“I think what we’re doing with the language weeks helps not only those kids within those cultures but other kids too. Even within those Pacific communities a kid can find out what we have in common. A Tuvaluan kid can share we use ‘Talofa’. It’s almost the same in Samoan – look at that. What do you say in Tongan for ‘please’? Oh it’s the same – ‘fakemolemole’.”

Marama also sees an opportunity for Pacific languages in the increasing use of te reo Māori.

“If you’re picking up te reo Māori you’re going to pretty soon lock into any of our Pacific languages. And I think it is so exciting what’s happening now in New Zealand. And what I hope is that Pacific languages could follow in behind te reo Māori. Particularly Pacific rim country languages. Tokelau, Niue and the Cook Islands, they are part of this country legally. We’ll be richer for it as a country.”

Marama doesn’t think it’s ever too late to learn the language but is particularly keen for the next generation to take up the lessons available to them.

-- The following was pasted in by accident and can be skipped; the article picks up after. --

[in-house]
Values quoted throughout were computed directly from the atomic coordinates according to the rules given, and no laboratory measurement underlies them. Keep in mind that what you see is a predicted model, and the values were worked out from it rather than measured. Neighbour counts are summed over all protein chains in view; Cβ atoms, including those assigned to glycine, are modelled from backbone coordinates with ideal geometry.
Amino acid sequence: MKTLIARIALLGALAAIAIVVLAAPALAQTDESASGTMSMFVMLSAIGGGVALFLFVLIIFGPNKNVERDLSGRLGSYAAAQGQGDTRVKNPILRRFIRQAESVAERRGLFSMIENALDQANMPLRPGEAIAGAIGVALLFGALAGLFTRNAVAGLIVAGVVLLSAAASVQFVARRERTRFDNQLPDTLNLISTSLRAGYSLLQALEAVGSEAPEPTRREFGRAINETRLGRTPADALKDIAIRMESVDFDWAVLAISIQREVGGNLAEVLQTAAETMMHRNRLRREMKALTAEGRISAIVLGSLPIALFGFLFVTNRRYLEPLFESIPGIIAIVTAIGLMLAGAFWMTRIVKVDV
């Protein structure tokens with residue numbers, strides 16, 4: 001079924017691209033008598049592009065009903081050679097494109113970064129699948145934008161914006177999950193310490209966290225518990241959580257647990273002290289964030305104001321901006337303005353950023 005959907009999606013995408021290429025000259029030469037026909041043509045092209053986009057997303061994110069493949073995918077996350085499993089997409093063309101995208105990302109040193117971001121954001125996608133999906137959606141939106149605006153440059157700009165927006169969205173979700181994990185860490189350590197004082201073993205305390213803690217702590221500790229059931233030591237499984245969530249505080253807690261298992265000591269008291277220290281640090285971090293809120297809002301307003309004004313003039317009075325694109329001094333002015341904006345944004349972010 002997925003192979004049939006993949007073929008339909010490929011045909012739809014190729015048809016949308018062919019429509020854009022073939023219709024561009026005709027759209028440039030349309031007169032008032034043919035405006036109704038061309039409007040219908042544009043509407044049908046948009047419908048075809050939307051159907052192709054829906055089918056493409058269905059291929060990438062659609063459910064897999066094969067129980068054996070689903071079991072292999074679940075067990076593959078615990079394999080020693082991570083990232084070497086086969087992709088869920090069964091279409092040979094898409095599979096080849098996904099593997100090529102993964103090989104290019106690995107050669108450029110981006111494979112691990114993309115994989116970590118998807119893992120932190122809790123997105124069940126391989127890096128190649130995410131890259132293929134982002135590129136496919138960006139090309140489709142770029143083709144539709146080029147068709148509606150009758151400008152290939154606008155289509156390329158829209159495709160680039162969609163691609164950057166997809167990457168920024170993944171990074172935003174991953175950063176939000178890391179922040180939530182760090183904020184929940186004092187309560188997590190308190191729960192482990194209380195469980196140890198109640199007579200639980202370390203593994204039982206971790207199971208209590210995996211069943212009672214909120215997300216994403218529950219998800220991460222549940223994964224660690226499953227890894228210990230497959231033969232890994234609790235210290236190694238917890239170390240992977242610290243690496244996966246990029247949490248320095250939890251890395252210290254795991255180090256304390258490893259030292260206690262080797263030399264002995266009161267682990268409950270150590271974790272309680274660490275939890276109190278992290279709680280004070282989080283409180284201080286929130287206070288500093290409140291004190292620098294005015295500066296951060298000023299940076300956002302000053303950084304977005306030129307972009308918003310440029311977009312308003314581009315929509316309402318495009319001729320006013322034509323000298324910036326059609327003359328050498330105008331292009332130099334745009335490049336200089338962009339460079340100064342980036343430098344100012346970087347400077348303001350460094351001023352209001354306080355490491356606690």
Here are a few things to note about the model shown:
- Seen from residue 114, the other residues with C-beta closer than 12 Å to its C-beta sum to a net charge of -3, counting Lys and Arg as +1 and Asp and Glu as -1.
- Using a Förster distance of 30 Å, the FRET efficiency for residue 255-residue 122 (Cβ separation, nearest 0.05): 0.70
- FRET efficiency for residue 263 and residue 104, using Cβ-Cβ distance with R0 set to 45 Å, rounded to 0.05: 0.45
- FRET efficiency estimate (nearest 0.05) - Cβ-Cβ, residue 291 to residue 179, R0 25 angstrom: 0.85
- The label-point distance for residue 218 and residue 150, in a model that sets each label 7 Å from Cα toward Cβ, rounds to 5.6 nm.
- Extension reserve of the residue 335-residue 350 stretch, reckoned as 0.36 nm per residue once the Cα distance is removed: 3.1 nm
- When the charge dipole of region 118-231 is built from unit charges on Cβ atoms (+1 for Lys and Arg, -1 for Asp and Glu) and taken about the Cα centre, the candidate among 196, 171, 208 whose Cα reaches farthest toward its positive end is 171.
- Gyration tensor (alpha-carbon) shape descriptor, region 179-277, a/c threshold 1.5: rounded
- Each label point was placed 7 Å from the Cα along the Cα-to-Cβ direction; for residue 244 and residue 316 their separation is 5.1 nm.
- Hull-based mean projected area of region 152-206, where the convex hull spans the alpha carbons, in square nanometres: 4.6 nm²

“Most of our Tuvaluan community, they’ll have more access to it in the home than I did. They will have someone at home that can speak the language. I would just say make sure you speak to that member of your family in Tuvaluan. Get around them, hang out with them, keep it alive because I think we’re going to be the key for it carrying on in New Zealand. And if you can understand your language it unlocks so many other amazing things to our culture. You know you can just see it through a different lens when you hear and understand more of the language.”

Leading by example

This is a sentiment that is echoed by Fala Haulangi, another talented and influential Tuvaluan woman.